Fig. 8 shows that the spectrum responses of three switching elements were all different. In this device, the coupling efficiency K2 was designed to be slightly different for all three switching elements (K0=0.5, K1=0.04, K2=0.017, 0.018, 0.019), because the theoretical value of optimum coupling efficiency involved a small amount of ambiguity.
The measured three wavelength selective switching spectrum for drop port response is shown in Fig. 9. The three peaks in Fig. 9 correspond to the three switching elements shown in the inset of Fig. 9. First, the resonant wavelengths of individual resonators were not equal due to fabrication error. The ON-states of λ 1, λ 2, and λ 3 were realized by supplying a small amount of current to individual rings as shown in Fig. 9. The crosstalk at λ=1549.29nm (λ 1) was -51.5dB. The shape factor was 0.65 and the FWHM bandwidth of λ 2 was 0.15nm. Similar switching characteristics were also obtained for TM polarization except for a PDλ (polarization dependence of resonant wavelength) of 1.13nm. In this measurement, the polarization state of input light was fixed using a polarization maintaining fiber. Since the peak power of orthogonal polarization is about -40dB smaller than that of the main peaks (λ 1, λ 2 and λ 3), the polarization rotation in the ring resonator was very small.
We also measured the switching characteristics of two and zero wavelength selection. Since the measured results were similar to those of one wavelength selection, only the measured one wavelength selective switching spectrum is shown in Fig. 10. After realizing once the state of all ON-state, the OFF-states of λ 2 and λ 3 were realized by supplying electric power to R7(82mW),R8(302mW) and R11(82mW),R12(356mW). However, an unintended wavelength shift of 0.58nm was observed due to thermal interference. This thermal interference can be reduced by forming grooves between switching elements. The extinction ratio at λ=1550.64nm (λ 3) was 39.6dB. The switching crosstalk at λ 3 was -25.0dB. These extinction ratio and switching crosstalk values showed a marked improvement (24.9dB and 18.3dB, respectively) in drop port characteristics over the double series coupled microring resonator switch. Similar switching characteristics were also obtained for TM polarization.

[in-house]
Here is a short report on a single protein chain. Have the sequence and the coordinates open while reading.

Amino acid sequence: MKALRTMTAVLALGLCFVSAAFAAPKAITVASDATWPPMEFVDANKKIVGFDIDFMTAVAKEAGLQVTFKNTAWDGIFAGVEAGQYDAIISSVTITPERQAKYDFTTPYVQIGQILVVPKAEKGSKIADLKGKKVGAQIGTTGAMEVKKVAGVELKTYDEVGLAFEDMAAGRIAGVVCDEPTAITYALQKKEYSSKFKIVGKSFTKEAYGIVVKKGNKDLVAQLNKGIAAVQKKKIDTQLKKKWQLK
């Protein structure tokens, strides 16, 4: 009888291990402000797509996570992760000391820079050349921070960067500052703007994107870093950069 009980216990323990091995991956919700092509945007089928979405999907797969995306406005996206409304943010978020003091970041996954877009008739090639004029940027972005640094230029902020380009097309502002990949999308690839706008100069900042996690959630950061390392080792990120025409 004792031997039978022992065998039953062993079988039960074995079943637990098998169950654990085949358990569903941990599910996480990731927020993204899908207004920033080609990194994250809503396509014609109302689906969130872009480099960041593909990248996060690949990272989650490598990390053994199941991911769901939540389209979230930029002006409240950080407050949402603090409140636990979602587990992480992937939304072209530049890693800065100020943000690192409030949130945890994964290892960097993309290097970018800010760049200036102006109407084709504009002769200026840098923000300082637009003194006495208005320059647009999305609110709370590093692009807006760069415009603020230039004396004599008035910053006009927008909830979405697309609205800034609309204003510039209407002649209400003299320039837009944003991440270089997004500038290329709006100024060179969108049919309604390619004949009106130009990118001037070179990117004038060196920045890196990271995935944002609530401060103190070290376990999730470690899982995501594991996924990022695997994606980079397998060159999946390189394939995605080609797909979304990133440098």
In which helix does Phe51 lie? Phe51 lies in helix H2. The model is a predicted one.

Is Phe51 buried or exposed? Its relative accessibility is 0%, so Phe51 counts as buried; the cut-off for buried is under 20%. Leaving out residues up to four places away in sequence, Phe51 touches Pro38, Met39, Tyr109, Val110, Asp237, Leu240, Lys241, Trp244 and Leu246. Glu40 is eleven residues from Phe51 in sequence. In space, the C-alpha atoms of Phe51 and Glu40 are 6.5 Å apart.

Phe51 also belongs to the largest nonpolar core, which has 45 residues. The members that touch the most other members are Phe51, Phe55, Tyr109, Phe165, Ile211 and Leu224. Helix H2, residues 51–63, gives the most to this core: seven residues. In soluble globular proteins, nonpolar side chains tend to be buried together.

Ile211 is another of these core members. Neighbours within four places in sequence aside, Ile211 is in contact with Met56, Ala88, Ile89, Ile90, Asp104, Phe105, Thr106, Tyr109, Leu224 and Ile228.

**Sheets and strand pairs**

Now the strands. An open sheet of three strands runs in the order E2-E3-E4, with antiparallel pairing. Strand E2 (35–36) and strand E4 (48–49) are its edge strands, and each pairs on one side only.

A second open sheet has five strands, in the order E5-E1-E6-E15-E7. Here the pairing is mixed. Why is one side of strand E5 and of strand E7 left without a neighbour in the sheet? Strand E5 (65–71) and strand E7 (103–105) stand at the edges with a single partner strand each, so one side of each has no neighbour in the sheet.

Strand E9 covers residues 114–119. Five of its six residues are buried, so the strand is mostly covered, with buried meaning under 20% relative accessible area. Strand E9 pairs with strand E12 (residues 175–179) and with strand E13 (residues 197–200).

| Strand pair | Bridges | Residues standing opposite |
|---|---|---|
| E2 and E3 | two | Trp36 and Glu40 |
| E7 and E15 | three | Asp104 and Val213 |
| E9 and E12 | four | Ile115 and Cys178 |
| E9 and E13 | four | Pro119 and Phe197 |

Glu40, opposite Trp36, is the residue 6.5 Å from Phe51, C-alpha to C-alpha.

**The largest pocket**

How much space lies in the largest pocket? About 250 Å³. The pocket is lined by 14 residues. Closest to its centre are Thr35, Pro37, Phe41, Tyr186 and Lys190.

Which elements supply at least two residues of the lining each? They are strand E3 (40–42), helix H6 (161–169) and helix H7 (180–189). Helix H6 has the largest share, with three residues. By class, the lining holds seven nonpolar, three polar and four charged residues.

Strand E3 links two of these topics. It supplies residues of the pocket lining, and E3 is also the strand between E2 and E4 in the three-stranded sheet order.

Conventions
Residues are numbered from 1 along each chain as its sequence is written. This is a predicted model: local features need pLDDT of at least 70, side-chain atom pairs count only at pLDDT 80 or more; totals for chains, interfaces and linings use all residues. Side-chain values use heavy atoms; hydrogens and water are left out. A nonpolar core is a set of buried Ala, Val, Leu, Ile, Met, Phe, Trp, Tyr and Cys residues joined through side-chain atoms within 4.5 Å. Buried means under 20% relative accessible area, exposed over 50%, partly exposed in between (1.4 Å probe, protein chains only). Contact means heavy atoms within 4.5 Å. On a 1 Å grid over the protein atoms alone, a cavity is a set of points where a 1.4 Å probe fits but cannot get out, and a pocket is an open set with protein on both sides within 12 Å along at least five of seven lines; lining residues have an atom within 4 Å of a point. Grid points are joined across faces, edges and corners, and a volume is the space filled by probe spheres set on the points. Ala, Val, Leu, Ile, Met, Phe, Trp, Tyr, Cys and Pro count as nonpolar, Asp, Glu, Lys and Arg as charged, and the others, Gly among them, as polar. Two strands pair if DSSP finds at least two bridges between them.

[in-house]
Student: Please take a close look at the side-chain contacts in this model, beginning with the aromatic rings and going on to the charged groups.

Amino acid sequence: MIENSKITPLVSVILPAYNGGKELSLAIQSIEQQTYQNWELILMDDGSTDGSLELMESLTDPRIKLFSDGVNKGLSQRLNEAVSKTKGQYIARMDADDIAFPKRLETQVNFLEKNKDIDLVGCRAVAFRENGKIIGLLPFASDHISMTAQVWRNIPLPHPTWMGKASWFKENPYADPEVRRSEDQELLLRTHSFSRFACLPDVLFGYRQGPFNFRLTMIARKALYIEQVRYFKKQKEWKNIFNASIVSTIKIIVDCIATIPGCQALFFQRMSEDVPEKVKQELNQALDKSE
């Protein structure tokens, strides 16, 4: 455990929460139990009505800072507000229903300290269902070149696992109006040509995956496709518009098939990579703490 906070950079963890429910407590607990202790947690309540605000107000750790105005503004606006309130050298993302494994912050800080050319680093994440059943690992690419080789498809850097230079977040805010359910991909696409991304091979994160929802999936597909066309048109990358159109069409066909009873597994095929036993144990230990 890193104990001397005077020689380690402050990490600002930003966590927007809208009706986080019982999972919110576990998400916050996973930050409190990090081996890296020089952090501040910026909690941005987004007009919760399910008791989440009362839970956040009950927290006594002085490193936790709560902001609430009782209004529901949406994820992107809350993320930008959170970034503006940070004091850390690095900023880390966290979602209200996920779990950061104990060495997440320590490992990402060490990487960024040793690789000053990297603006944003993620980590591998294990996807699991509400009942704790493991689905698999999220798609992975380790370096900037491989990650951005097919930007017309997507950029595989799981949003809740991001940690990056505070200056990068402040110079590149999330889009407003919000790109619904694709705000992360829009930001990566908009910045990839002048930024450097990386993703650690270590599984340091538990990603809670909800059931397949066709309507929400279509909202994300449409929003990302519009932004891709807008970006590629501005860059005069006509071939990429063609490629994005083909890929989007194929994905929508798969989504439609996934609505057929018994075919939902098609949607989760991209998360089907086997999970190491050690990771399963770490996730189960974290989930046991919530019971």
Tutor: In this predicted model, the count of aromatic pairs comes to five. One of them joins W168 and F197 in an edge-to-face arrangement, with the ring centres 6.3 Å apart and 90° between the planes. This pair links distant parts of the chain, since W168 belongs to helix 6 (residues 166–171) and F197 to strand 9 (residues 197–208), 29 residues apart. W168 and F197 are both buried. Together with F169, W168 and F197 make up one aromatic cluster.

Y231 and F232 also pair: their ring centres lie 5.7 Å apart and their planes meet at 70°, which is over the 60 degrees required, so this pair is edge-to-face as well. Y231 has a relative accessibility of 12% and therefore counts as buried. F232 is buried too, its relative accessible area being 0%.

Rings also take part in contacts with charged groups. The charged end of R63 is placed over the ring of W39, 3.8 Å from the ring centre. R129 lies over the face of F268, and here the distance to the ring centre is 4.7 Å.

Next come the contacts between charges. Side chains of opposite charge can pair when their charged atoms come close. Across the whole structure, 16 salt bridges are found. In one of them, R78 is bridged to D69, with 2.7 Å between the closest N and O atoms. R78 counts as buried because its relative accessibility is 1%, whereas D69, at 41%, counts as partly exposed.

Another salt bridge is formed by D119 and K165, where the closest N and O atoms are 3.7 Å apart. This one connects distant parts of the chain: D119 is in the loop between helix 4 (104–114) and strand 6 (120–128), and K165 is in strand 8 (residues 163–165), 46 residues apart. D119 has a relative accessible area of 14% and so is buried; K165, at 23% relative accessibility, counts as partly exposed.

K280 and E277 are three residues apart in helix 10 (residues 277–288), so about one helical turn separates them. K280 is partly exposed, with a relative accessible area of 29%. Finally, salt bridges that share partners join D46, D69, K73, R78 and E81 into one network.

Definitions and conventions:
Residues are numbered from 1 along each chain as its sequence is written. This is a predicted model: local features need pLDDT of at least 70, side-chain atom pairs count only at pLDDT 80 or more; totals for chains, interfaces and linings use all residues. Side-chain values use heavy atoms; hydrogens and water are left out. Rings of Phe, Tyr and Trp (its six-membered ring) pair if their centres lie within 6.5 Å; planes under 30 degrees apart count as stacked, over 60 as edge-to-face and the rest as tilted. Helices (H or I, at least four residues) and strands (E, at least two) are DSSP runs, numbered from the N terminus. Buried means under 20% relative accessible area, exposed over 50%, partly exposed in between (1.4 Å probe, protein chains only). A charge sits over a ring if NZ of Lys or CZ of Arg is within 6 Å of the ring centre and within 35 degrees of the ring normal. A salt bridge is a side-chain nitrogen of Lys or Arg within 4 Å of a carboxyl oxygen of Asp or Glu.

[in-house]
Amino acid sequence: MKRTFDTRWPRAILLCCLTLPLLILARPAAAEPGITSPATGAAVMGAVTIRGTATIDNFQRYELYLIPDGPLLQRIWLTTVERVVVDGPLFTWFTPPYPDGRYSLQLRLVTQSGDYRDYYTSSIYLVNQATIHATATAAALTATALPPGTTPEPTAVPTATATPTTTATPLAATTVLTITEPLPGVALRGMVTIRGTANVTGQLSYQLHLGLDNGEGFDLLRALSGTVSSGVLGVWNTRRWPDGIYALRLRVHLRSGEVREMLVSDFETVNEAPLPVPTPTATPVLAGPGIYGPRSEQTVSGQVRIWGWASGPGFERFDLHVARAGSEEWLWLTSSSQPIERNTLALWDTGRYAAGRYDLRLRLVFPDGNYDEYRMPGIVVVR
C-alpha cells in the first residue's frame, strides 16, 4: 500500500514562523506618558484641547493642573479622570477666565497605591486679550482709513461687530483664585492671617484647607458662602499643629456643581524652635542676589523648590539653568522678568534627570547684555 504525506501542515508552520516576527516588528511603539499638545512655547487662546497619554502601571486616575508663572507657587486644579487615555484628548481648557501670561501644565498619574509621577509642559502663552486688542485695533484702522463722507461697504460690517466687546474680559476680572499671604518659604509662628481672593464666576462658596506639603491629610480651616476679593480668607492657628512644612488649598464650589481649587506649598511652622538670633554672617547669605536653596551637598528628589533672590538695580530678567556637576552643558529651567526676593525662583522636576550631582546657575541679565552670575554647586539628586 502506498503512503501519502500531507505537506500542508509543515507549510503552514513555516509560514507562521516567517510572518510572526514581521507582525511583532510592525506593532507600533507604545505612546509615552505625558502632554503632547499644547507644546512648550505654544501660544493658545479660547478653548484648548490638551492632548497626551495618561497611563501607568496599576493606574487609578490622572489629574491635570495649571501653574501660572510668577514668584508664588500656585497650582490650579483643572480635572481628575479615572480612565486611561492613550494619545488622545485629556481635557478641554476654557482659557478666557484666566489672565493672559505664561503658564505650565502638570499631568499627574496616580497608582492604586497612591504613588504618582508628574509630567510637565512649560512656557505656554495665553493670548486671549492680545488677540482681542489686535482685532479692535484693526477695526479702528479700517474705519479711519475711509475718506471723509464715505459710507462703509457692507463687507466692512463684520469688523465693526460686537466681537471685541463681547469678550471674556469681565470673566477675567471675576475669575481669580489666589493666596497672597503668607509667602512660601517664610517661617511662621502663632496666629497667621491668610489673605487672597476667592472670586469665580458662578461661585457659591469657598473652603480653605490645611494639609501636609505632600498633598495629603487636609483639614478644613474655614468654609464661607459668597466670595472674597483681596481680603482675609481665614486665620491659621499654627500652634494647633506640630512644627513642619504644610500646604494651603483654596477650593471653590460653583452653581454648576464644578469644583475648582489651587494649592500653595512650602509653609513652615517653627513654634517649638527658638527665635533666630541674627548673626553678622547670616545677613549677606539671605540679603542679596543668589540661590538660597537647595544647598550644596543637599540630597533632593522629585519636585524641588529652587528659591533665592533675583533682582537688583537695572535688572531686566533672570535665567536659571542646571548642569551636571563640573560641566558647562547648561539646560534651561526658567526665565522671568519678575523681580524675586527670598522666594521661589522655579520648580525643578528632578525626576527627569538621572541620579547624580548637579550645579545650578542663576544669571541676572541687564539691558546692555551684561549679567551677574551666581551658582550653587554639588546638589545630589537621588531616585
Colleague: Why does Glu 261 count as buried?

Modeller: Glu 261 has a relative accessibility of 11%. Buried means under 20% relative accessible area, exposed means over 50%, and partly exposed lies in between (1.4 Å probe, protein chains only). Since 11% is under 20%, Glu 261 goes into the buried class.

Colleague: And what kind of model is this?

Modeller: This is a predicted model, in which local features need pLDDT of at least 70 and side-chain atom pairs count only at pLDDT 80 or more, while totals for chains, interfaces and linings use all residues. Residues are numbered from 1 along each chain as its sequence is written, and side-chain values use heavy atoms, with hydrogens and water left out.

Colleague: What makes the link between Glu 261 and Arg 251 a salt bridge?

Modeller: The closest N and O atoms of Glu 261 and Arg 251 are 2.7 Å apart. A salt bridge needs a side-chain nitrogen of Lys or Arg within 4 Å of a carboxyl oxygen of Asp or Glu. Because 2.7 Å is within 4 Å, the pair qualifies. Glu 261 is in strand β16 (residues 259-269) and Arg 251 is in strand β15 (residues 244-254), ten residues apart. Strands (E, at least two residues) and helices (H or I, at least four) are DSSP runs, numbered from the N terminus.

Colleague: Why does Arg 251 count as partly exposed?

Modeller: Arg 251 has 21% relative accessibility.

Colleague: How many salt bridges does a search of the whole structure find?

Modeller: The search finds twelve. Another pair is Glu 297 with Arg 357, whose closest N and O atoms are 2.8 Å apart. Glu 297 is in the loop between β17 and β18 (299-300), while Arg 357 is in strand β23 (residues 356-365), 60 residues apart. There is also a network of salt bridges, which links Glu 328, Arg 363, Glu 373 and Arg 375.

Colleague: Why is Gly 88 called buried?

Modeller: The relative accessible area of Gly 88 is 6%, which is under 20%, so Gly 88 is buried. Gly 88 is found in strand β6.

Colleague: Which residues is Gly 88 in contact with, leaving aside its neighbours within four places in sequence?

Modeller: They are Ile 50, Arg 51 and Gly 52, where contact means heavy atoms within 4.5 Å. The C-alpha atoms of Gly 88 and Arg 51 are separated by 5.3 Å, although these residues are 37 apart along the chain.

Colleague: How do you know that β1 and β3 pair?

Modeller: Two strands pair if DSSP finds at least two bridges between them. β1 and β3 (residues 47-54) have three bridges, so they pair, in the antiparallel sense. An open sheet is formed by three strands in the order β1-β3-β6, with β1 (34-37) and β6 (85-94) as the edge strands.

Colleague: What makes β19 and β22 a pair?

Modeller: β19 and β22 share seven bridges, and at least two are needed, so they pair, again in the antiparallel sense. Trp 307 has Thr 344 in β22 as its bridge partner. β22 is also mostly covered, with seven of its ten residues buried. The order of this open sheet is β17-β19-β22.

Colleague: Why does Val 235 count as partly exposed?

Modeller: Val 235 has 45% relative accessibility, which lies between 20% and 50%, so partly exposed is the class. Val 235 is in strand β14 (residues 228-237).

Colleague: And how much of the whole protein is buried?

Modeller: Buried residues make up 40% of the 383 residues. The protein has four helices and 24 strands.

Finally, the comparisons of drop and through port responses between double and quadruple series coupled microring WSS are shown in Tables 3 and 4. These tables clearly show that the extinction ratio and the switching crosstalk of quadruple series coupled microring WSS are better than those of double series coupled microring WSS.
3.3. Effect of phase-control in parallel topology layout channel selective switch
Using a parallel topology of switch elements and incorporating a phase-control unit between switch elements, as shown in the inset of Fig. 11, we can realize some novel functionality in switches: wavelength channel selective with close channel spacing, optical code division multiplexing (OCDM) , and so on. The principle of these switches is the path control of certain wavelength channels using the phase shift difference between two arms of busline waveguides as shown in the inset of Fig. 11. In this work, we demonstrated the use of phase control to conduct path control. The length of phase-control unit was 1505µm, and the amount of the phase shift was π by increasing the temperature about 50 degrees.
First, we adjusted the resonant wavelength of SW#1(λ 1) to that of SW#2(λ 2). After tuning the resonant wavelengths of SW#1 and SW#2, we controlled the phase between switches. Figures 11 and 12 show the drop port and through port responses before and after the phase shift of π. In Fig. 11, the wavelength channel splits into two peaks by the phase shift of π. This is the same phenomenon seen in the parallel coupling of the single ring resonator reported in Ref. . In addition, Fig. 12 demonstrates the ON/OFF switching of amplitude via phase shift. Therefore, it can be concluded that phase control is necessary for proper operation of a multi-wavelength channel selective switch.
Since this hitless WSS can be used in scalable integration, multi-wavelength and multi-port channel selective switch matrices with more than four wavelengths can be created. Thus we demonstrated the fundamental switch circuits for optical cross-connect. In addition, we clarified that the hitless WSS based on a quadruple series-coupled microring resonator was more suitable as a switch element than the double series-coupled device. The thermal interference can be reduced by optimizing the layout of the electrodes and by incorporating a buried vacuum cladding structure  as a thermal isolation region.
Since the TO coefficient of this device is about 0.011 nm/K, which is almost the same as that of silica waveguide filters, changes in ambient temperature can cause a shift of wavelength in the ON state. However, it does not affect the OFF state.
This work was supported by the Strategic Information and Communications R&D Promotion Programme (SCOPE) from the Ministry of Internal Affairs and Communications and Grant-in-Aid for Priority Area No.17068009 the Ministry of Education, Culture, Sports, Science and Technology.